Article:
Mason worked as Kelley’s studio manager; Thater learned by watching. “T. Kelley traveled with Mike to install his exhibitions so I’d tag along. Mike had a very clear idea about how his work should be presented and by following him around, I learned really vital things. How do you do a big exhibition? How do you work with a museum? How do you choreograph your work? You can’t be easygoing about it. You don’t walk in thinking, We’ll do it when I get there. You figure it all out beforehand so no one can change the meaning of the work by altering the fit contextually.”
I want to deconstruct the animal as the object of our observation, object of our affection, object onto which we project all kinds of guilt and human feelings and human emotions. And I want to reconstruct them, or allow them to reconstruct themselves, as complex subjects.
Emboldened by Kelley’s example, Thater has produced a steady stream of architecturally sophisticated installations that undercut the artifice of anthropomorphic storytelling.
“I want to deconstruct the animal as the object of our observation, object of our affection, object onto which we project all kinds of guilt and human feelings and human emotions,” she says. “And I want to reconstruct them, or allow them to reconstruct themselves, as complex subjects.”
But like her favorite songwriter Bob Dylan, whom she’s seen in concert more than 50 times, Thater steers clear of overt messages. “I am interested in both art and activism but I am not interested in intermingling them because then it becomes too messy,” she says.
Art is like a knife: It needs to be pointed and incisive. I think activism has to be the same way. They shouldn’t be muddled up together.
Thater considers her work on behalf of the Dolphin Project as a clear-cut exercise in proselytizing. After filming a pod of wild dolphins in the Caribbean, she made Welcome to Taiji in 2004. Designed to trigger outrage, the 25-minute documentary garnered 200,000 views on YouTube and inspired director Louie Psihoyos to make 2010 Oscar winner The Cove about the same subject.
“As an activist,” she says, “The whole point is to spur people to do something. I worked on Taiji very specifically to expose the Japanese dolphin slaughter.” By contrast, she configured dolphin imagery in her installation Delphine to serve a different purpose. “I’m bringing this rarified natural world into the art world in order that people may contemplate it.”
Anyone who knows me knows I’m not insulting anyone when I compare them to a gorilla, because there’s nobody I like better than a gorilla.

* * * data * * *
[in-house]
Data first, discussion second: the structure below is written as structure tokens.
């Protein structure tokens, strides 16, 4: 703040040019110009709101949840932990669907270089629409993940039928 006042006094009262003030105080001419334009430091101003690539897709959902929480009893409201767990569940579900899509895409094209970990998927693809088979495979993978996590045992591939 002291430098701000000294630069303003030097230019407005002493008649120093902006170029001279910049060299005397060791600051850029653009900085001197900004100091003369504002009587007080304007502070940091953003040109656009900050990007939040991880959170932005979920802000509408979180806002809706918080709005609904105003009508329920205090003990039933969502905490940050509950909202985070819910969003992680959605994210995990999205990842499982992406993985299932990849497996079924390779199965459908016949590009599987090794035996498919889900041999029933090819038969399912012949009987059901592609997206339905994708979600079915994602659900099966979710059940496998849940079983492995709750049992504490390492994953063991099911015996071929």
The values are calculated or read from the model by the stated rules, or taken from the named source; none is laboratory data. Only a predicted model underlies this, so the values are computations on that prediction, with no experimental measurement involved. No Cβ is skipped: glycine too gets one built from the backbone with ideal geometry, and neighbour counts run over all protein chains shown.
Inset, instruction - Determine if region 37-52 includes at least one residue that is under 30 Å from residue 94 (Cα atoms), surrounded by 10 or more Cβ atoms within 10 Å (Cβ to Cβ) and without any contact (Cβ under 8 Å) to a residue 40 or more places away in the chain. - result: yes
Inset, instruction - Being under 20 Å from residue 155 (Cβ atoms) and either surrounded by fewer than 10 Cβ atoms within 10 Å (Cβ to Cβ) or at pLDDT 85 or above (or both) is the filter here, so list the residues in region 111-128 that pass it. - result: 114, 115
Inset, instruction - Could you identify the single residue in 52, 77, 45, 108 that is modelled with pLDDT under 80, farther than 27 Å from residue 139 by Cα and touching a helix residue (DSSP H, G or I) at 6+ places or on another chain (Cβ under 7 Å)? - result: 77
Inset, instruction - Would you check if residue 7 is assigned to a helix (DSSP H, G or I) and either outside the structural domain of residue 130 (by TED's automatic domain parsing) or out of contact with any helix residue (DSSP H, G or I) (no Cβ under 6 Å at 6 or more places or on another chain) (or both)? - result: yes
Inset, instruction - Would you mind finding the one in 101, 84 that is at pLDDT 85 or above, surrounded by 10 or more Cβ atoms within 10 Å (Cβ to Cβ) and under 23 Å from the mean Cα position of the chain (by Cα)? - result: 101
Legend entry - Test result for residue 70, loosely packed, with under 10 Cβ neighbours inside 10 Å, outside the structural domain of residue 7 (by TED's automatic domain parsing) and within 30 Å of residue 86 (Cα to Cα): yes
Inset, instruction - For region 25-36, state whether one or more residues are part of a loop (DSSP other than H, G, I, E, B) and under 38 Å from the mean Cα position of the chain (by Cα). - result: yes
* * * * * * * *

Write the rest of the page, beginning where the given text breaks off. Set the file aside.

Thater maintains a vital presence at ArtCenter when she’s not filming primates in Cameroon (gorillagorillagorilla), tracking falcons in the Santa Monica Mountains (Here is a text about the world), documenting elephants in South Africa (RARE), studying dung beetles in Arizona (Science, Fiction), capturing images of migrant butterflies in Mexico (Untitled videowall [Butterflies]) or bearing witness to the wild horses that walk through abandoned Ukranian villages (Chernobyl).
“People say to me, ‘Oh you have so many adventures!’ but I think I’m quite boring really,” Thater says dryly.
An ArtCenter teacher since 1994 and Grad Art faculty chair since April 2014, Thater has influenced scores of young artists. They include Jennifer West (MFA 04), whose experiments in celluloid-based artworks include her Skate the Sky Film installation at London’s Tate Modern, in which skate boarders rolled over strips of 35 mm celluloid. “Diana taught me about this lens that I could look at art or film or ideas or philosophy through,” says West. “Diana taught me to think about how subject and form intersect and how you can influence the meaning of any given work through that kind of collision.
I didn’t have that way of thinking before I studied with Diana and it became a very influential component of my work.”
Grad Art Associate Chair Jason E. Smith notes, “Diana has a very strong sense of what it means to be an artist today and this colors her approach to the tasks of directing the program, and how she relates to students.” Thater adds, “Jason and I believe the Graduate Art Department is a community. It’s not about crushing people and having them build themselves back up. I’ve seen that in action and don’t like it. I prefer the supportive approach.”
Thater embraces the notion that the practice of art, in itself, can serve as a powerful form of mentorship. “It’s important to recognize we are role models for our students because I know they’re looking at us the way I looked at Mike Kelley and Patti Podesta,” she says.
“I’d just imitate them until I’d taken it all in, and I suspect that’s what students do with their teachers.”
For studio visits and crit sessions, Thater coaxes fresh thinking from her charges in much the same way that she connects with cryptic creatures of the wild. “I think I must approach young artists like I approach gorillas,” Thater says, holding out her hands, palms up. “‘Show me who you are and let’s have some kind of back and forth about it.’ You don’t want to tell students what to think about. You want to help them figure out how to think.”
Thater pauses, then laughs. “Anyone who knows me knows I’m not insulting anyone when I compare them to a gorilla, because there’s nobody I like better than a gorilla.”